Climate change – no one has more at stake than farmers

The majority of farmers are investing their own time and money to make their farms more sustainable, a new Rural Aid report has found.

Australia’s most trusted rural charity recently surveyed its registered farmers, with 62% of the survey respondents confirming they were currently undertaking sustainability and resilience practices.

Fifth-generation farmer, and Rural Aid board member, Erica Halliday, said it’s a figure that might challenge a few stereotypes.

“Sometimes as farmers we feel we’re being blamed for climate change, when no one has more at stake than farmers,” she said.

“I don’t know a single farmer that isn’t trying to do the best by the land. We’re living and learning, but if anyone’s going to make a real difference, it’s actually going to be us farmers,” the Walcha farmer said. 

It’s a sentiment backed up by Rural Aid CEO John Warlters, who said no one feels the impact of a variable climate more than farmers.

“Our farmers are the building blocks of what happens for us every single day because their efforts and their energies translate to food on the plate.

“We’ve seen a real change in the nature of requests for help from Rural Aid, and a lot of it is driven from what has been occurring with our seasons as disaster events become more frequent and severe.

Erica and her husband Stuart are renowned as some of Australia’s top Angus seedstock breeders.

The environment, and leaving the land in a better state for future generations, is something Erica said all farmers strongly believe in.

“We’re working on cattle for the future that have less methane emissions both genetically and through management, as well as meat quality, and efficiency, and making sure they’ve got a kind temperament,” Erica said.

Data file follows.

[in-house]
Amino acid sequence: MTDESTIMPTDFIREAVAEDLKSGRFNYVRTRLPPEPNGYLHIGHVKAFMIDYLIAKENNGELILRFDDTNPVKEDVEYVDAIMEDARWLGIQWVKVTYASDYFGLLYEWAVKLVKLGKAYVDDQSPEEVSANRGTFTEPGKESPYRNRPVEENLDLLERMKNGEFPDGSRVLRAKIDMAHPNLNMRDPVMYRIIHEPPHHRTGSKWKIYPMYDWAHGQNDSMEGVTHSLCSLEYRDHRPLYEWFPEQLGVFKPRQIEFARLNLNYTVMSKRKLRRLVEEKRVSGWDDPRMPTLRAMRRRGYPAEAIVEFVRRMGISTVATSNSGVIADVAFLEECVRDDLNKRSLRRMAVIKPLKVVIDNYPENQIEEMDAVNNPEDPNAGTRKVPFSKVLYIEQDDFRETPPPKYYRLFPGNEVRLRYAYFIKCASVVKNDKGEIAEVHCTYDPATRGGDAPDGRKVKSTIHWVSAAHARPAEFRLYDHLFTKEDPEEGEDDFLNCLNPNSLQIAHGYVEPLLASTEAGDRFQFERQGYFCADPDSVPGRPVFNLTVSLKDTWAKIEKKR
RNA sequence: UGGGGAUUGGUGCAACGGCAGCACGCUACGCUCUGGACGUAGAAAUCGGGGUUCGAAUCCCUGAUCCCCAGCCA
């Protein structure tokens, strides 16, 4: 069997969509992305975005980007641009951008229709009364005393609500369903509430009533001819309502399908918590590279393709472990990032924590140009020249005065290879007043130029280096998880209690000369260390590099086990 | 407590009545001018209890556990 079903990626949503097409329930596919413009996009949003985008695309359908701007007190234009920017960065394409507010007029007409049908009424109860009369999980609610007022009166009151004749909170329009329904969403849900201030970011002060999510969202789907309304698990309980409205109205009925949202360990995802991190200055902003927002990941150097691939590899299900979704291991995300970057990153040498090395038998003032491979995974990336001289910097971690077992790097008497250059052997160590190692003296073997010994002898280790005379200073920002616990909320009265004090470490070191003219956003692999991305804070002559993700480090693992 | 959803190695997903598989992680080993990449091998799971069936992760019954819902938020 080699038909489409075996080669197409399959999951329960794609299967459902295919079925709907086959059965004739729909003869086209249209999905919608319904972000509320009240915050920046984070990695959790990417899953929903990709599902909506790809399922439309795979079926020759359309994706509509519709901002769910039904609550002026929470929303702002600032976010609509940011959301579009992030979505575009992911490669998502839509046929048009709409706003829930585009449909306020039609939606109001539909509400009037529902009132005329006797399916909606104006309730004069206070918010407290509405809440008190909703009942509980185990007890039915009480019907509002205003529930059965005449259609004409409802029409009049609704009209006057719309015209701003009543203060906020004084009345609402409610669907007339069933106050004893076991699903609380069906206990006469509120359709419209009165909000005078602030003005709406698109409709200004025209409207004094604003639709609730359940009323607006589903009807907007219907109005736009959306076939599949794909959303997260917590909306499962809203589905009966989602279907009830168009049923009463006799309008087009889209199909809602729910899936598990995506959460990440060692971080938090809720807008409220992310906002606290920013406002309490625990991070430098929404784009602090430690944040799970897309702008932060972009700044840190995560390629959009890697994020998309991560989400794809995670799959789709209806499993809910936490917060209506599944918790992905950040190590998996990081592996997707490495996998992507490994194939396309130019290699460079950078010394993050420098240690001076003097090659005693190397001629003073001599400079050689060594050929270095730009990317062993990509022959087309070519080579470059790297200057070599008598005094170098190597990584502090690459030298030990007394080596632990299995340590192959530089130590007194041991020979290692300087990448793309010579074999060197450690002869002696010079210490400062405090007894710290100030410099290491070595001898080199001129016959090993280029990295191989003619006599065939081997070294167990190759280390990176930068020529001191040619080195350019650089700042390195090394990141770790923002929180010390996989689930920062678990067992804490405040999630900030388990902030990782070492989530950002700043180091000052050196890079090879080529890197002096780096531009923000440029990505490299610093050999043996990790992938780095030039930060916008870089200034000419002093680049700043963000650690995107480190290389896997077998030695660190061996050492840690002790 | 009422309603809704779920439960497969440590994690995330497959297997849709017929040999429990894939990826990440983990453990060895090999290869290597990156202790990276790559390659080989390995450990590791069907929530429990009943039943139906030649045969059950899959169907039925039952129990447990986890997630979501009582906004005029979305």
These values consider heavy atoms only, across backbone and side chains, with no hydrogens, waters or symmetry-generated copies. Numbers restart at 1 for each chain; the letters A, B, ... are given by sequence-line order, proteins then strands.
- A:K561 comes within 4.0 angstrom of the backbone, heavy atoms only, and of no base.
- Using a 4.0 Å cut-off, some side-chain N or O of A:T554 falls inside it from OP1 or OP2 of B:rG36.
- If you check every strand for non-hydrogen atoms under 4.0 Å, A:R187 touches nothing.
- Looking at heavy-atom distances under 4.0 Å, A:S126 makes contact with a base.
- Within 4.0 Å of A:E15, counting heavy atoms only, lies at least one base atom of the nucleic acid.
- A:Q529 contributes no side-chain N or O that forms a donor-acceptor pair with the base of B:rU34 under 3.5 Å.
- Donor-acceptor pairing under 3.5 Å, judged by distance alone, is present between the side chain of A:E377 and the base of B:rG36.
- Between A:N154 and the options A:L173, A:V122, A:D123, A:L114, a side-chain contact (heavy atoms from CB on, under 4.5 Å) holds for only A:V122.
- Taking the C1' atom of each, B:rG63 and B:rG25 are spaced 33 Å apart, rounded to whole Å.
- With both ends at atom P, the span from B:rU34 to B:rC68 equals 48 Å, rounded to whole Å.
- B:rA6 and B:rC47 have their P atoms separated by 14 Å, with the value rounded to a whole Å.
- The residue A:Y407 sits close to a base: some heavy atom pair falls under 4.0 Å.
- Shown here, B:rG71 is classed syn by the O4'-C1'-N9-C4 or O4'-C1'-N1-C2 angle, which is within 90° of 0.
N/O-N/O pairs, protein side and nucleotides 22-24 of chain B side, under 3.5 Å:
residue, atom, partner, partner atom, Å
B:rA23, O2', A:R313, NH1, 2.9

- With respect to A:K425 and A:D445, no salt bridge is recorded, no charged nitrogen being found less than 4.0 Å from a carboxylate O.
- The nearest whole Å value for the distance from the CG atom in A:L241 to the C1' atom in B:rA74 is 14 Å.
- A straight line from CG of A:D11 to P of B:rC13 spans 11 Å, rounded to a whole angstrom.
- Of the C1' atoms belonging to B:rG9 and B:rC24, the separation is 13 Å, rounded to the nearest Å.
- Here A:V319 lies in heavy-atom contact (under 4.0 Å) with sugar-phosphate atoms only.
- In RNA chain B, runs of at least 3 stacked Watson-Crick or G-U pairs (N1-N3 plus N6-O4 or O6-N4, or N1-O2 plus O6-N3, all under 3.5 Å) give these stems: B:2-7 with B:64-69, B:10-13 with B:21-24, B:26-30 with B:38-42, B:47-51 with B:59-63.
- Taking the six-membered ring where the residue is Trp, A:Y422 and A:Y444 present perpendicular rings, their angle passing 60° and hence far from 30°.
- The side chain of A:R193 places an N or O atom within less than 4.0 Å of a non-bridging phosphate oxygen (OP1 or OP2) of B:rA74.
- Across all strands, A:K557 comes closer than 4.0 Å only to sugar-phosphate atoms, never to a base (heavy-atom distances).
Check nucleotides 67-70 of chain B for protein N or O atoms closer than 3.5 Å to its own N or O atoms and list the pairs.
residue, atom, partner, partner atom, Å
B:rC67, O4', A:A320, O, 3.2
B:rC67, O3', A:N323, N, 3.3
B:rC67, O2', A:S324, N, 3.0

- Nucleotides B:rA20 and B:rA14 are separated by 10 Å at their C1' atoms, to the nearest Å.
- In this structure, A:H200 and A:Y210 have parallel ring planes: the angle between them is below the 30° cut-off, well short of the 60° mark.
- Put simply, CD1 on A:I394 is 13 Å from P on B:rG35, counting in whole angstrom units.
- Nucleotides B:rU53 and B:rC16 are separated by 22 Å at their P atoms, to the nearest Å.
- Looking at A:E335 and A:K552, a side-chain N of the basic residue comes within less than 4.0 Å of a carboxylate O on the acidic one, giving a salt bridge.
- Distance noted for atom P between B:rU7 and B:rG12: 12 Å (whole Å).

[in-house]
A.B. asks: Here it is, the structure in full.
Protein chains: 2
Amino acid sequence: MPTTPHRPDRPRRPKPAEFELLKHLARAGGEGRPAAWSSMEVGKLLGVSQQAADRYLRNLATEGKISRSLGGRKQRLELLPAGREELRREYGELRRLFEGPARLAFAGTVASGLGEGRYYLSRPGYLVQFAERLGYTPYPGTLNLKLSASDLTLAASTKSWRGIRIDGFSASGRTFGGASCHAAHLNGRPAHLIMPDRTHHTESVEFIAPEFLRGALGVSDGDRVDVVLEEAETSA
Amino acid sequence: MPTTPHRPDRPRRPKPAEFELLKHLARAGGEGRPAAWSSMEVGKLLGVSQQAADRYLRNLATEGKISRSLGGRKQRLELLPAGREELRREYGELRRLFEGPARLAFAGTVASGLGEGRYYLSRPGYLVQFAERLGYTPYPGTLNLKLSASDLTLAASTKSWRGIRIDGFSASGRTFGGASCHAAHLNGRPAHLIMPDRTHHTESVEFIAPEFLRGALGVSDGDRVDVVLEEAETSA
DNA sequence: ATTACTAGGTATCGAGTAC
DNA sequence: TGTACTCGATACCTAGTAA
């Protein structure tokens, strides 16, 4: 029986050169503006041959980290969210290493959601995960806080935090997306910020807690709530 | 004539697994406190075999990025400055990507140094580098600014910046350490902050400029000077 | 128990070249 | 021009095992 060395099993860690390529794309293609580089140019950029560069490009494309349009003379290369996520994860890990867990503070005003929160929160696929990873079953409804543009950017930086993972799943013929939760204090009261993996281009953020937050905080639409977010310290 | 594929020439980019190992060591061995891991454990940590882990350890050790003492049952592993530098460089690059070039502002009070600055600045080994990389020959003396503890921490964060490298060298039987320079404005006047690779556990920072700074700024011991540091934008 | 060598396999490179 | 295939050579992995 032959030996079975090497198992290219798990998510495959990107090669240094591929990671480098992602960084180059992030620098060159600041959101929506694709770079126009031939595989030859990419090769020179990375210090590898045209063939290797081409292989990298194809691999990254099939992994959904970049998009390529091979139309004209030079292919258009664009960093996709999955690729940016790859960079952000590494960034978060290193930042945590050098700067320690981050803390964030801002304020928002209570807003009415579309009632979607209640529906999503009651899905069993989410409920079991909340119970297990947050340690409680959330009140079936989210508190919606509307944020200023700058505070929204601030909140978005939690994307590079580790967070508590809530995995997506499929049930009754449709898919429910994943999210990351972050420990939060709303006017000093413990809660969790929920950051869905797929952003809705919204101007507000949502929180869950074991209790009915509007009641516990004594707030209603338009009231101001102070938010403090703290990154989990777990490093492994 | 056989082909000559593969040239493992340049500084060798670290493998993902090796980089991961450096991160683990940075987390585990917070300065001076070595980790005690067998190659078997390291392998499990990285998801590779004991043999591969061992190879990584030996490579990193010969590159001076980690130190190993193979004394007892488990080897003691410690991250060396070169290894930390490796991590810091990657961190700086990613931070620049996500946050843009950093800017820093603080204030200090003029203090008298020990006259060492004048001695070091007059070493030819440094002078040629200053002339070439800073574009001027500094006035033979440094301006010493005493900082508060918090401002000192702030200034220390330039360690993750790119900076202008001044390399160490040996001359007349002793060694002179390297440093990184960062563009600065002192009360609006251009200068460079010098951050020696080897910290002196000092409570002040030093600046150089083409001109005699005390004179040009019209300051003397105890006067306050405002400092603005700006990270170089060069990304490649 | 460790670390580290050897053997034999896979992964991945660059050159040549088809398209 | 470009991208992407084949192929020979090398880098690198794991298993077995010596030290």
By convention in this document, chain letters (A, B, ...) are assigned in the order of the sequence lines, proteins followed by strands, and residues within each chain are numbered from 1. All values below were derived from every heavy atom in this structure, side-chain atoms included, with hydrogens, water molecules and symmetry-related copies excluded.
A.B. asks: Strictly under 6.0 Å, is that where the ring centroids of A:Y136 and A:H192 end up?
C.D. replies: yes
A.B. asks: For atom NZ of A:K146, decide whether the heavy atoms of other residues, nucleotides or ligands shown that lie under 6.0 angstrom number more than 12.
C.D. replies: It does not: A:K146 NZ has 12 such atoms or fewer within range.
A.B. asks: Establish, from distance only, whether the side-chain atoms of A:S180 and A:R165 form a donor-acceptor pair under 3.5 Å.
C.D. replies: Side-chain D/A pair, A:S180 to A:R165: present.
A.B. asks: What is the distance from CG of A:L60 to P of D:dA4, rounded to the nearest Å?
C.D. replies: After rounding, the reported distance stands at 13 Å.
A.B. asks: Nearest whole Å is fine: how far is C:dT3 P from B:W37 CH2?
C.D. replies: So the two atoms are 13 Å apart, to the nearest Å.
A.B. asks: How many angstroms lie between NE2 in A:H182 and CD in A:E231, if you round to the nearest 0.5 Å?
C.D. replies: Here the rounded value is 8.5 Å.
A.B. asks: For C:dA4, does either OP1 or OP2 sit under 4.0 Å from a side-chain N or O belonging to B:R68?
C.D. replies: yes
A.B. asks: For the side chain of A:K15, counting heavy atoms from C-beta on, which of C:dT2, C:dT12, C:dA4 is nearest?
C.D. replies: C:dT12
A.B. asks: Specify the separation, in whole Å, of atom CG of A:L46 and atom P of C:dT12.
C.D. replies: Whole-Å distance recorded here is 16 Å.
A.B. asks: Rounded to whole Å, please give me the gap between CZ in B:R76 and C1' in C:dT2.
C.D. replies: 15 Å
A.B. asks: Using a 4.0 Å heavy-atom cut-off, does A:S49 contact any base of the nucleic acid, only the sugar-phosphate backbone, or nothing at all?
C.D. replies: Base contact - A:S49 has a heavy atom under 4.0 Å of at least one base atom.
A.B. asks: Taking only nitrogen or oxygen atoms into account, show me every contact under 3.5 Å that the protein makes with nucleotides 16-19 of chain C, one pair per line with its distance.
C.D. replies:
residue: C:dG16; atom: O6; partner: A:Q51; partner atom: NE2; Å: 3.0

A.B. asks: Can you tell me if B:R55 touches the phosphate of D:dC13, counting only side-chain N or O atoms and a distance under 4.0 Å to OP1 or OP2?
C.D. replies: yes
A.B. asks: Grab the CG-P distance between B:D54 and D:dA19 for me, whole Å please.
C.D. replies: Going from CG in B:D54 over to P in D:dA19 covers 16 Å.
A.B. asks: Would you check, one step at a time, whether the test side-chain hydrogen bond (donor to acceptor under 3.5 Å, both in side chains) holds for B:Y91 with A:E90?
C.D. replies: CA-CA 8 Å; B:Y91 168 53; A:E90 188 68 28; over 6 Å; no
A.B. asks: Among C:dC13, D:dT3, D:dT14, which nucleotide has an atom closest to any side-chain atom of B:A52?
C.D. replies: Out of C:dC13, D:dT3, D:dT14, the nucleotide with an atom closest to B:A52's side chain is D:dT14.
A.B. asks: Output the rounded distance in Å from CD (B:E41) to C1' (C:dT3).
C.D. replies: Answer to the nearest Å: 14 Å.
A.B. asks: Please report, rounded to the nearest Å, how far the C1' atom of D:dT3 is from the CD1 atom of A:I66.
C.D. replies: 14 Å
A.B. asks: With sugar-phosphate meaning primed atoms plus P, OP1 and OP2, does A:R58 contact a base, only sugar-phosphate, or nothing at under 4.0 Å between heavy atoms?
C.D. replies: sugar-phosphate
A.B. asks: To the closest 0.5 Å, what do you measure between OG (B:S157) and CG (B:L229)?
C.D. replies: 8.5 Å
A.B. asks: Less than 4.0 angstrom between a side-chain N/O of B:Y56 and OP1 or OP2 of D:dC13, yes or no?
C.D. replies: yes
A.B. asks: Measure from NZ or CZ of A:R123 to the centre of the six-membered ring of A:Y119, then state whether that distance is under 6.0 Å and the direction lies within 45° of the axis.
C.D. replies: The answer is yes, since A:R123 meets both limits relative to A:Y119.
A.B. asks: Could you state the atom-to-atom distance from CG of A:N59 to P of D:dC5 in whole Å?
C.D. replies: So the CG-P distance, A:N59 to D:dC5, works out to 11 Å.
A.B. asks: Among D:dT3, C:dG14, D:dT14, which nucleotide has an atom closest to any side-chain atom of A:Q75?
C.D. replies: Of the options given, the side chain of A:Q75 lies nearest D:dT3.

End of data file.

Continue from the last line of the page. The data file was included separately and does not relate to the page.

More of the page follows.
With Rural Aid’s Mates Day approaching on 20 March, John said they were encouraging people from across the country to understand the fundamental role agriculture plays in sustaining our communities and give, where they can, to help farmers when conditions move beyond their control.

“With every meal, we’re typically dining on amazing food grown by an Aussie farmer. And when we go into the supermarket, it’s the same story – just about everything on shelves is the output of what’s occurred on a farm,” John said.

Erica said Mates Day was a great opportunity to donate to the work Rural Aid is doing to support farmers through challenging times.

“Sometimes, particularly in those stressful periods, it can get very lonely and very isolating being a farmer,” she said.

“Mates Day is a really important time for people to acknowledge and appreciate farmers and what they do. Because when you get that steak on your plate, you don’t realise it’s taken five years and the trials and tribulations, to get it there.”

To support Rural Aid’s Mates Day campaign or to make a donation, visit All donations received will contribute to the important work Rural Aid is undertaking in rural and regional communities and supporting Australian farmers.

Click here to watch Stuart and Erica’s story and learn more about some of the other practices they are undertaking on their farm to help mitigate climate risks.

Media enquiries:

Kate Scott
0438 389 092

Stacey Wordsworth
0438 394 371

About Rural Aid 
Rural Aid is Australia’s most trusted rural charity. We stand with our farmers when they need us most. Rural Aid provides critical support to farmers affected by natural disaster through financial, wellbeing and fodder assistance. Rural Aid’s community programs help create more sustainable communities by building stronger futures for all Australian farmers. Find out more at